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Peat-free compost disappointment

You do your best, you buy a bag of Westland New Horizons peat-free compost, you use it transplant seedlings that you've been nurturing indoors for weeks and you lose the bloody lot (plus the rest of the bag of compost) to mold! Gutted! Definitely don't recommend this product  :(
It's knowing what to do with things that counts - Robert Frost
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  • FairygirlFairygirl Posts: 54,894
    Moulds are quite normal though, in any compost. It's part of the decomposition process.
    Seedlings are very vulnerable to damping off and all sorts of things when being transplanted, so it isn't necessarily the compost.  :)
    It's a place where beautiful isn't enough of a word....



    I live in west central Scotland - not where that photo is...
  • UffUff Posts: 3,199
    I'm not surprised you're disappointed with that stuff Heartinthe dirt, I would have been and I wouldn't have wanted to put delicate seedlings into that. 
    I bought a bag of multi purpose compost the other day, in a hurry and not my usual brand. It was Westland, a brand I've bought many, many times in the past but this bag was utter rubbish, and looked like the type you get from council recycling places, all fibre. Never again.  
    SW SCOTLAND but born in Derbyshire
  • LoxleyLoxley Posts: 5,690
    Yes I bought a bag of Westland 'Gardener's Multipurpose' the other day, and it is awful, fibrous stuff. And it contains peat! It might be OK mixed with topsoil.

    Westland The Gardners Multi-Purpose Compost - 50 litres
    "What is hateful to you, do not do to your neighbour". 
  • thevictorianthevictorian Posts: 1,262
    We bought 3 bags of the westland new horizon peat free compost and I'm not impressed either. It seems prices go up but bag sizes and quality go down.
  • AnniDAnniD Posts: 12,483
    If you get your milk delivered through the milk and more website, it may be worth giving this a try.
    https://www.milkandmore.co.uk/New-In/Durstons-Organic-Peat-Free-Multi-Purpose-Compost,-40L/p/77143/
  • FairygirlFairygirl Posts: 54,894
    If it doesn't say peat free, it contains peat @Loxley.
    It can sometimes be difficult to assess, especially when there are loads of different bags staring you in the face though!
    I bought the Miracle Gro one. I haven't used much yet, and it'll take a while to asses. I've done some sweet peas - one lot in some standard compost with grit, and one in the peat free stuff. I think it'll be harder to use with seeds which need more specific conditions though.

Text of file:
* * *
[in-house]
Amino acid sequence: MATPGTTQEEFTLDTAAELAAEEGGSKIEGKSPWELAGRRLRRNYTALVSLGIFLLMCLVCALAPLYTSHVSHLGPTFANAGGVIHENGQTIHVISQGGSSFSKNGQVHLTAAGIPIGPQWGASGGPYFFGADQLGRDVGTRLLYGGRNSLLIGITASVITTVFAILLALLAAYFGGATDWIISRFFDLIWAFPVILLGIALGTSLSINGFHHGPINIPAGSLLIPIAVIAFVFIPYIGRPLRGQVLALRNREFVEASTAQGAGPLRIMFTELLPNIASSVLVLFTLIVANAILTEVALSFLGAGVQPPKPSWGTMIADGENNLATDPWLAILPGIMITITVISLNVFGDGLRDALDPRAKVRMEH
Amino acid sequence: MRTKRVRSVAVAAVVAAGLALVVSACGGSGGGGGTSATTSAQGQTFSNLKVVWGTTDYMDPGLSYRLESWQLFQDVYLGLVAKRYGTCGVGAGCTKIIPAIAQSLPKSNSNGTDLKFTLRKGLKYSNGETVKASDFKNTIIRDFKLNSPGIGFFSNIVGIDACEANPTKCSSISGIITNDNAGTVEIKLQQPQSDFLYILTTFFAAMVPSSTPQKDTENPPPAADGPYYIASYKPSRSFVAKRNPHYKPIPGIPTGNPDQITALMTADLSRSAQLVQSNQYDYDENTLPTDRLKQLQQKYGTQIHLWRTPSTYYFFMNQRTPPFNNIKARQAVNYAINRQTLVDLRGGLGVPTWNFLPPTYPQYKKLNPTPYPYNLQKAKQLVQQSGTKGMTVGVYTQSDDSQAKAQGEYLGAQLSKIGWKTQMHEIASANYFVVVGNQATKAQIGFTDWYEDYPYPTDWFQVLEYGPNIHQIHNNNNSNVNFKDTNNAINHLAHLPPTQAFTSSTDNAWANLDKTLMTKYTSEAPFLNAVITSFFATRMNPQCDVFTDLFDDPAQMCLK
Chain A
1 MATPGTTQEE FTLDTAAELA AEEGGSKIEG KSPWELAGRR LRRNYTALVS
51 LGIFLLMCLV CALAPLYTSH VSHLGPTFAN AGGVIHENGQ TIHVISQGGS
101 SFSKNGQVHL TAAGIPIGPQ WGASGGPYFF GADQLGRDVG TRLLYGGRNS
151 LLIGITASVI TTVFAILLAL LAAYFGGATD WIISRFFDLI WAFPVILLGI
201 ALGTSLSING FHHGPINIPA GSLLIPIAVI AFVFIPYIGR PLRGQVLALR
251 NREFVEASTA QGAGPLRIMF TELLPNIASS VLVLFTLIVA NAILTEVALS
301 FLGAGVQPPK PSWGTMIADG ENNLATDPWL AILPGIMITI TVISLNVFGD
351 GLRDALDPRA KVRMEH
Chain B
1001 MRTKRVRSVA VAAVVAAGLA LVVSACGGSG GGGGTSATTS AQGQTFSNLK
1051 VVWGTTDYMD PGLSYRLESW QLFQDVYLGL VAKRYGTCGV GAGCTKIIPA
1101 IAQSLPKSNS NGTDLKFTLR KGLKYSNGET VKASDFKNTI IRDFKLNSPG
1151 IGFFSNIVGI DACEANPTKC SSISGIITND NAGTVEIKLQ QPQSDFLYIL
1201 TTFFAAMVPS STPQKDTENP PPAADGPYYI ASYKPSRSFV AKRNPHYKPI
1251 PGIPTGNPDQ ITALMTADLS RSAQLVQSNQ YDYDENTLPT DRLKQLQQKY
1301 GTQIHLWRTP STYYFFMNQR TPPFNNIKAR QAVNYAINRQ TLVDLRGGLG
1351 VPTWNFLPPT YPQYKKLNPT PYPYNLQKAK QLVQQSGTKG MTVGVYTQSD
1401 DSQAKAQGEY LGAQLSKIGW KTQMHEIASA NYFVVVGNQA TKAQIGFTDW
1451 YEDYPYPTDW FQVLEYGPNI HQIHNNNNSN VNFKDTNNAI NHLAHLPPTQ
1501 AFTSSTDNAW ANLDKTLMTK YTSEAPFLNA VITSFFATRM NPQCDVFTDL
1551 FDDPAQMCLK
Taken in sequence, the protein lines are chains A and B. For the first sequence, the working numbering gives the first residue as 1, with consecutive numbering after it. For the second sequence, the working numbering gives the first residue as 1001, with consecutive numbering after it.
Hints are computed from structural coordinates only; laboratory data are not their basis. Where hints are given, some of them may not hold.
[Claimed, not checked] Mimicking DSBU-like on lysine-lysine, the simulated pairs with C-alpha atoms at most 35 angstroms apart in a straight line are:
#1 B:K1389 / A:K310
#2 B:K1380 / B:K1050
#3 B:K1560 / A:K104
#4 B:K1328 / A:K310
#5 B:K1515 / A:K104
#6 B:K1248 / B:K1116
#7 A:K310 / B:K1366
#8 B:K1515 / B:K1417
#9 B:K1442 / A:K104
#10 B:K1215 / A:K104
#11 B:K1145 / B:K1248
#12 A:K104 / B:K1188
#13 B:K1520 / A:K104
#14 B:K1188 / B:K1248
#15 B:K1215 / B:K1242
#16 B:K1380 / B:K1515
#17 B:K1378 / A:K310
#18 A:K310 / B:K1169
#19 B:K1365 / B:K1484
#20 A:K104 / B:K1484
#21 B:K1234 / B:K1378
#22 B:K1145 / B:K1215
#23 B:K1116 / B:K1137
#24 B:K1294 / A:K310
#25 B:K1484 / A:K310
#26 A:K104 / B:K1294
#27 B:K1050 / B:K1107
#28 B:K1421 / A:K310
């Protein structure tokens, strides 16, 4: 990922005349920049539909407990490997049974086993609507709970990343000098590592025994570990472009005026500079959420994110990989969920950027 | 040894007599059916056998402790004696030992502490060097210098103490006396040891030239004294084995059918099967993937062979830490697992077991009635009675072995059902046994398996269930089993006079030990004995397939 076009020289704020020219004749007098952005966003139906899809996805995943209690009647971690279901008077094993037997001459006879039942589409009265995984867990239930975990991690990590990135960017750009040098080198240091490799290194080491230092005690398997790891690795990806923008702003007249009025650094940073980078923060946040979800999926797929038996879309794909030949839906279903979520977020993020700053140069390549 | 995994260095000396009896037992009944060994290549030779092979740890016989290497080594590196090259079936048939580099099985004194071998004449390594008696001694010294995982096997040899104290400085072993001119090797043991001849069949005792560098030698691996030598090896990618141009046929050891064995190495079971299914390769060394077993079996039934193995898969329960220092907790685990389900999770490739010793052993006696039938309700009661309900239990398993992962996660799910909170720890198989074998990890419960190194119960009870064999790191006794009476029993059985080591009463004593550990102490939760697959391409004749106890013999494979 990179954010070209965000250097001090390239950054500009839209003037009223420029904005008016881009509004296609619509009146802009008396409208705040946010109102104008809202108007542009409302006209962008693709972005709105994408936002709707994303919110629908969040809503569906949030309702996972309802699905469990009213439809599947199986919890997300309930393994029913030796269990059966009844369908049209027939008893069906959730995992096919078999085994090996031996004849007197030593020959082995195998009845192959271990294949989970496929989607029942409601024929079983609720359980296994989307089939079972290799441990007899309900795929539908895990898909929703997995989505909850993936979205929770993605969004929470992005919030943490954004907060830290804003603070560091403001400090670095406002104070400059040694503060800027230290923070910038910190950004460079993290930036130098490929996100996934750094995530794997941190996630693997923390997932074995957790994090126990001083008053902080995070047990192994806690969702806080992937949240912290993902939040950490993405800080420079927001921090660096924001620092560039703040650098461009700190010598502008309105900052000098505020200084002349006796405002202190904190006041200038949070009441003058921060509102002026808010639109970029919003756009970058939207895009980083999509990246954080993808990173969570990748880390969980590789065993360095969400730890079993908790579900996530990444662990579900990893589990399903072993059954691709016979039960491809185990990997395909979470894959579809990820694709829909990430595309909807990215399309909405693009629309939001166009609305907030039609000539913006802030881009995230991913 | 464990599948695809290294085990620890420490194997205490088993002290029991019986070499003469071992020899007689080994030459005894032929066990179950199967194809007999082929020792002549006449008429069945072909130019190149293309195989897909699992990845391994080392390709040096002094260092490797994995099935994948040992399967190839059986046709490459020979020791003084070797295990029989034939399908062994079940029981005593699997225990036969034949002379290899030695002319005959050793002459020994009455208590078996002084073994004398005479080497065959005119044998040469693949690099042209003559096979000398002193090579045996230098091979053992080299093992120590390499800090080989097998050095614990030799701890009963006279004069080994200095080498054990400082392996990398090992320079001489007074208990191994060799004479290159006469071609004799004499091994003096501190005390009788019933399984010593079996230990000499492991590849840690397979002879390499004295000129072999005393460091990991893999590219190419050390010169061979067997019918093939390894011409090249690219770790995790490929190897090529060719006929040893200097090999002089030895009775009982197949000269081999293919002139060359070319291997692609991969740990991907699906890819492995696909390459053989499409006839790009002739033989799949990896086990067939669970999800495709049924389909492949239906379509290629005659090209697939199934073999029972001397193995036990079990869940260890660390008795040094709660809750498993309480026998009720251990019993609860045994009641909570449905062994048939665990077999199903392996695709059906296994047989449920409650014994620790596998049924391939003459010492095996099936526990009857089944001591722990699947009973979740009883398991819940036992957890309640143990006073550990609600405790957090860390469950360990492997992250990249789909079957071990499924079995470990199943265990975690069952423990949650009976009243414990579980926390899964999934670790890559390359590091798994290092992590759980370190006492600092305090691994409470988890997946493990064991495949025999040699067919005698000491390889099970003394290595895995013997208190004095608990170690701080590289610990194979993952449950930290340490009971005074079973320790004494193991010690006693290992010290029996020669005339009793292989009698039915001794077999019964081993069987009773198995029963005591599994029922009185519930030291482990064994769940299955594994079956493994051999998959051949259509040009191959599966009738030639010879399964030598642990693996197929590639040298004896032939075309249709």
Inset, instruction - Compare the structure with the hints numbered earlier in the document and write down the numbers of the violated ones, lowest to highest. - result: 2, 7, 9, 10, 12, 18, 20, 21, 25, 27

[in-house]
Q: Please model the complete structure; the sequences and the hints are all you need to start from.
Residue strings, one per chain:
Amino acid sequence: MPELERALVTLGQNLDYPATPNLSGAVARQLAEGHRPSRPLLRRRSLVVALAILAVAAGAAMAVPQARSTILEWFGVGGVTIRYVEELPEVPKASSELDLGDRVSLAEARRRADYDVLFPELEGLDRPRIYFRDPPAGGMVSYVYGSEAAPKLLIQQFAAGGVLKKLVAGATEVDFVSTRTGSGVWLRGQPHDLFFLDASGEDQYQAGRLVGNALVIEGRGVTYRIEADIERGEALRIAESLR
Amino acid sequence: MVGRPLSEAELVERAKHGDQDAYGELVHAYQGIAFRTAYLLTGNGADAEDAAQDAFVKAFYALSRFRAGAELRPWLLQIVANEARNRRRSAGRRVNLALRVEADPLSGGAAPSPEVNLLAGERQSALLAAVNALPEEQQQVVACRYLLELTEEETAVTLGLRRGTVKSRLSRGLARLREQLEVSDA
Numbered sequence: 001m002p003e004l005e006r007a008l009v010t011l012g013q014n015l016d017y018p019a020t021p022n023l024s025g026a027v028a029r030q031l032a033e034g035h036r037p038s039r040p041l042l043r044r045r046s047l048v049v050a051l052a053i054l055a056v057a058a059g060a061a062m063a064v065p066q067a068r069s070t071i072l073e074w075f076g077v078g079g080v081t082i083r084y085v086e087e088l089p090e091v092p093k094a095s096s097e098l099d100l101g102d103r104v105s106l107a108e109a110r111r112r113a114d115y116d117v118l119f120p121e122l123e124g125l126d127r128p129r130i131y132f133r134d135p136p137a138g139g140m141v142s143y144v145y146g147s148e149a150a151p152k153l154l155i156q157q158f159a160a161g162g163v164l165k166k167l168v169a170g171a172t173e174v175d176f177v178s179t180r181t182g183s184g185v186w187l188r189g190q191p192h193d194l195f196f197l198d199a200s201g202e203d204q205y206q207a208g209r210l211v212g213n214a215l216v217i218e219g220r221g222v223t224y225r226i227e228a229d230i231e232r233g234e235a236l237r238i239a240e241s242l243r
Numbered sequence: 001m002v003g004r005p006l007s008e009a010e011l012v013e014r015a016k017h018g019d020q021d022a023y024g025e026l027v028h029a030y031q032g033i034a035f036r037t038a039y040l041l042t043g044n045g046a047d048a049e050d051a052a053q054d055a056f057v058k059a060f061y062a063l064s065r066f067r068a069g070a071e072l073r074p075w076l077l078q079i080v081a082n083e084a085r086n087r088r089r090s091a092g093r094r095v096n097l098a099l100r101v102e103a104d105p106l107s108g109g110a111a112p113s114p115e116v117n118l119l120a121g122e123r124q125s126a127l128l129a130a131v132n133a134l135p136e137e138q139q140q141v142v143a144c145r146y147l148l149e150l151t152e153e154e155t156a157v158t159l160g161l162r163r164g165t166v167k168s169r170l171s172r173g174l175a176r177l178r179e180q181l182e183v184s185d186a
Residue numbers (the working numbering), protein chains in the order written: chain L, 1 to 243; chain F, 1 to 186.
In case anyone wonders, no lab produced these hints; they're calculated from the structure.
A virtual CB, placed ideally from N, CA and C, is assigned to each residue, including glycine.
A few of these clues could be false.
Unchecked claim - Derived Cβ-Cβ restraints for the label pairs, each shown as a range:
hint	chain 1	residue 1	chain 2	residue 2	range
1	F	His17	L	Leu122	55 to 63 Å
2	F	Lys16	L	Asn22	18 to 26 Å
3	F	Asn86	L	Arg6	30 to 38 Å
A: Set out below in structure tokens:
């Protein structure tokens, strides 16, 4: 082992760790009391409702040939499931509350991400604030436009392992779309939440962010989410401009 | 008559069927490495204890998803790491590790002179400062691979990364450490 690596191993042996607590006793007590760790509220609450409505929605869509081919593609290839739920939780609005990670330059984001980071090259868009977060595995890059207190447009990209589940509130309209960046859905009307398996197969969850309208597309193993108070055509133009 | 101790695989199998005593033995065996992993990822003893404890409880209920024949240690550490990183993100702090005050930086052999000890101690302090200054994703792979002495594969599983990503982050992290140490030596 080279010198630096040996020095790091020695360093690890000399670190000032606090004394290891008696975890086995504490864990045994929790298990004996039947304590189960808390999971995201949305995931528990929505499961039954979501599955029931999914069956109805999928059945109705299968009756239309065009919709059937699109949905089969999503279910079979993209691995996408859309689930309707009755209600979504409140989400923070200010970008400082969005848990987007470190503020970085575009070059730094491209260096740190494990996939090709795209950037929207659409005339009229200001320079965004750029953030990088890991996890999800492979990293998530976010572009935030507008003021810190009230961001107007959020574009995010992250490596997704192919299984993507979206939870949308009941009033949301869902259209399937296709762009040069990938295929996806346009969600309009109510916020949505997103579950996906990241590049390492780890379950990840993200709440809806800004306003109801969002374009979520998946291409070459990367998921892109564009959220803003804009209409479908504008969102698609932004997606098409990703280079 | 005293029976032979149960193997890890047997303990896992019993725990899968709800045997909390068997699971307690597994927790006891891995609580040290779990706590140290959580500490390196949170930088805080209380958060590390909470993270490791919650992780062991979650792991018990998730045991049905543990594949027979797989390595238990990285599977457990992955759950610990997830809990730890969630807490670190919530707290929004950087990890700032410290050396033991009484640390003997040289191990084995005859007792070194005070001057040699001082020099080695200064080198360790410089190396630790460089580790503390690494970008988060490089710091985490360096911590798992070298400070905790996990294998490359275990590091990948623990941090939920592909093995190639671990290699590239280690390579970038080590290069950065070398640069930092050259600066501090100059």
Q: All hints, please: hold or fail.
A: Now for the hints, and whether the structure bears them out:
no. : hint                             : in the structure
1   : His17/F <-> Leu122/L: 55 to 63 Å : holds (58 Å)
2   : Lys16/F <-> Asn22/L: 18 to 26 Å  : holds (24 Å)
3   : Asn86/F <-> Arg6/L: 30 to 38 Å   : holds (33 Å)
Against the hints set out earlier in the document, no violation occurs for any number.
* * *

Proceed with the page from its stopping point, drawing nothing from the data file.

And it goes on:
For @Heartinthedirt, I should have said earlier, that when you move any seedlings into their own pots, it's important that the medium they're going into is suitable in terms of drainage.
    They still don't need a huge amount of nutrients at this stage, but they do need good drainage because you're putting them into bigger volume of soil. A good amount of Perlite, grit or similar, will help   :)
    It's a place where beautiful isn't enough of a word....



    I live in west central Scotland - not where that photo is...
  • LunarSeaLunarSea Posts: 1,871
    The most annoying aspect of all this is that Westland bought out 'New Horizon' as an established & much-loved brand and then totally messed it up :# . The original New Horizon company were one of the early pioneers of peat-free composts and we'd been buying it for years and loved it.
    Clay soil - Cheshire/Derbyshire border

    I play with plants and soil and sometimes it's successful

  • LoxleyLoxley Posts: 5,690
    Fairygirl said:
    If it doesn't say peat free, it contains peat @Loxley.
    It can sometimes be difficult to assess, especially when there are loads of different bags staring you in the face though!
    Yes, I know - my point is that it's not just "Peat Free" composts that are so bad they're virtually unusable.
    "What is hateful to you, do not do to your neighbour". 
  • didywdidyw Posts: 3,541
    Having gone peat free for all my pots last year I realised that the bags were variable from one bag to another of the same make.  (One even smelt strongly of weed!). It is all very fibrous though.  Fine for pots, but not seedlings.  I'm afraid I bought some multipurpose in readiness for pricking out my seedlings (but haven't opened the bag yet, so don't know what it's like) which I'll mix with a bit of the JI seed compost and vermiculite for the seedlings.  Once they are established plants they will to into peat free, or the garden.
    Gardening in East Suffolk on dry sandy soil.
  • FairygirlFairygirl Posts: 54,894
    edited March 2022
    I've used Jack's Magic for many years, and it's always been consistent.  :)
    I thought you meant you were looking for a peat free compost @Loxley -sorry for the misunderstanding.  :)
    It's a place where beautiful isn't enough of a word....



    I live in west central Scotland - not where that photo is...
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